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The Go Compiler

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the go compiler

The Go compiler is executed with the help of the go tool, which does many more things than just generating executable files. The command I’m going to present in this article will work on every valid Go source file.

You can compile a Go source file using the go tool compile command. What you will get is an object file, which is a file with the .o file extension. This is illustraed in the output of the next commands, which were executed on a windows operating machine:

$ go tool compile main.go
$ ls -l main.o
-rw-r--r-- 1 KDSINGH 197609 14300 Oct 22 19:14 main.o
$ file main.o
main.o: current ar archive

An object file is a file that contains object code, which is machine code in relocatable format that, most of the time, is not directly executable. The biggest advantage of the relocatable format is that it requires as low memory as possible during the linking phase.

If you use the -pack command-line flag when executing go tool compile, you will get an archive file instead of an object file:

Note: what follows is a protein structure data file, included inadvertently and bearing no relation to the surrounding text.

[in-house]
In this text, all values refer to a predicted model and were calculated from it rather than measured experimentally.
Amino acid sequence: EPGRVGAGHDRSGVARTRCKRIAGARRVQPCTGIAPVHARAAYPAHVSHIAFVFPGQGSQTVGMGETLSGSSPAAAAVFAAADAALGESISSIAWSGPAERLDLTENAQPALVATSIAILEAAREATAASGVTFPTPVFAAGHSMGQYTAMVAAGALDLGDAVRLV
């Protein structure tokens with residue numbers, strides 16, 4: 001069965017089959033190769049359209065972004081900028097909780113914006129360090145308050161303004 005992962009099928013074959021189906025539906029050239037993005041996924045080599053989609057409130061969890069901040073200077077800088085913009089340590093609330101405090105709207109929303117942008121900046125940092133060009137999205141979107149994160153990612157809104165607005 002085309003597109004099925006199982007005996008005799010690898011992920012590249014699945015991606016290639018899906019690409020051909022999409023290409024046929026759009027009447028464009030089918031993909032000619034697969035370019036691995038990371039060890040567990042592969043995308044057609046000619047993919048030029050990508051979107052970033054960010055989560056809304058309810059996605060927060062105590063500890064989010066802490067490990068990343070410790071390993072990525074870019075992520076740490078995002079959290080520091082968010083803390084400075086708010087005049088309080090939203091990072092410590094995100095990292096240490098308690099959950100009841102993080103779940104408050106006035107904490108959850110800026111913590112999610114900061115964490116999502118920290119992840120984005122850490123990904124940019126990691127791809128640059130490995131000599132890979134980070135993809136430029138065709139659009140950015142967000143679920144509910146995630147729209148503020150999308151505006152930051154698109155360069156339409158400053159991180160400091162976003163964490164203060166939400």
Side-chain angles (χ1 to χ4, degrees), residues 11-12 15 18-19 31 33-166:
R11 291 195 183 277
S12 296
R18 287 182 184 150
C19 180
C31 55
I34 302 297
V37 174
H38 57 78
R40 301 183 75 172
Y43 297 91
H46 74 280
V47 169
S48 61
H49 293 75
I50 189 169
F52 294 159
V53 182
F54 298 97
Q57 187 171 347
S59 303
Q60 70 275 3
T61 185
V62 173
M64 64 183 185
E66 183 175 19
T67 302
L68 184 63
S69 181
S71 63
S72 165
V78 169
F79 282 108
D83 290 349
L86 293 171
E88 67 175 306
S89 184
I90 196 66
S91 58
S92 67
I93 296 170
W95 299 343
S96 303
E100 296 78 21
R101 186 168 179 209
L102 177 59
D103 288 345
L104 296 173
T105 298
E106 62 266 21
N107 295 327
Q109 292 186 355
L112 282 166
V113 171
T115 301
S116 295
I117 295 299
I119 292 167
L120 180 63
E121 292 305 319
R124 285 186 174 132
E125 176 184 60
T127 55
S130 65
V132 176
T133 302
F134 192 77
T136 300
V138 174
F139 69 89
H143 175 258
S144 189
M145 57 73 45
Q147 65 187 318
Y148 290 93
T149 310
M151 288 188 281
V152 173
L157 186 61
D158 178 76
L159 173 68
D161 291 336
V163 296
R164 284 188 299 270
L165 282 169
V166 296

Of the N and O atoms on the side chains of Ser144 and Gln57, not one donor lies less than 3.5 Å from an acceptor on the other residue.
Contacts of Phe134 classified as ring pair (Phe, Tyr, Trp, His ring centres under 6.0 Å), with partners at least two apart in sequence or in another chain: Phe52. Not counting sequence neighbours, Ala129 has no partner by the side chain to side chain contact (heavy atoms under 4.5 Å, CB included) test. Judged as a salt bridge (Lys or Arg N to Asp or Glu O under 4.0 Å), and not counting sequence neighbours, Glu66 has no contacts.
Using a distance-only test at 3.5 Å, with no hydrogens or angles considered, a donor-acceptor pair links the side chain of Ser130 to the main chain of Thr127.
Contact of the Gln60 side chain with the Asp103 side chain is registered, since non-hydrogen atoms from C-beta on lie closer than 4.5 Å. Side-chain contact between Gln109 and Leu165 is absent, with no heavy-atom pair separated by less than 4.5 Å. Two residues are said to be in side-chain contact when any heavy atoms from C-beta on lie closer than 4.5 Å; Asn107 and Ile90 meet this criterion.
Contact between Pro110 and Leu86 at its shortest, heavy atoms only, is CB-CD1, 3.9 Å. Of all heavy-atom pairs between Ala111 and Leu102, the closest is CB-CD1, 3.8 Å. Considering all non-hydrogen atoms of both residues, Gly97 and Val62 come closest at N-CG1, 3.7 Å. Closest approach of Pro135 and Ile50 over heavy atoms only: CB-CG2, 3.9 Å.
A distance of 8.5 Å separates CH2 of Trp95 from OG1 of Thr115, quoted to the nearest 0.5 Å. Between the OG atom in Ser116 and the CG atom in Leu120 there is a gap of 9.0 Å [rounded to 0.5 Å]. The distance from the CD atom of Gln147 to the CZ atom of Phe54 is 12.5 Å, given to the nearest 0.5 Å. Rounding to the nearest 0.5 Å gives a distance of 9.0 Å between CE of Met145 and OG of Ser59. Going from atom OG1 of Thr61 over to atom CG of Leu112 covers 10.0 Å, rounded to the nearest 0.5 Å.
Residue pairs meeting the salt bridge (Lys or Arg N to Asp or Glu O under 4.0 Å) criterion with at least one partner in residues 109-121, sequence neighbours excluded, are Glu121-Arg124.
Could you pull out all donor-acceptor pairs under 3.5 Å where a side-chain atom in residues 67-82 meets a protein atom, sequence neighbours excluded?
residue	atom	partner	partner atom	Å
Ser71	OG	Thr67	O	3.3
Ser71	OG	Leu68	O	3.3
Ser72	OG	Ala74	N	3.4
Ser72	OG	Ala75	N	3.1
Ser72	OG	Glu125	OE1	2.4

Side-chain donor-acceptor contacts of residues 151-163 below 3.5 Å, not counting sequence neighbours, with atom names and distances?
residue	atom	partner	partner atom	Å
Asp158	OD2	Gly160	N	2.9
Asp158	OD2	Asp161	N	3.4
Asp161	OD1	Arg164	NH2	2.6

$ go tool compile -pack main.go
$ ls -l main.a
-rw-r--r-- 1 KDSINGH 197609 14300 Oct 22 19:18 main.a
$ file main.a
main.a: current ar archive

An archive file is a binary file that contains one or more files, and it is mainly used for grouping multiple files into a single file. One of these formats is ar, which is used by Go.

you can list the contents of an .a archive file as follows.

$ ar t main.a

Another truly valuable command-line flag of the go tool compile command that is worth mentioning is -race, which allows you to detect race conditions.

$ go tool compile -S main.go

The preceding command generates lots of output that you might find difficult to understand, which means that Go does a pretty good job of hiding any unnecessary complexities,, unless you ask for them.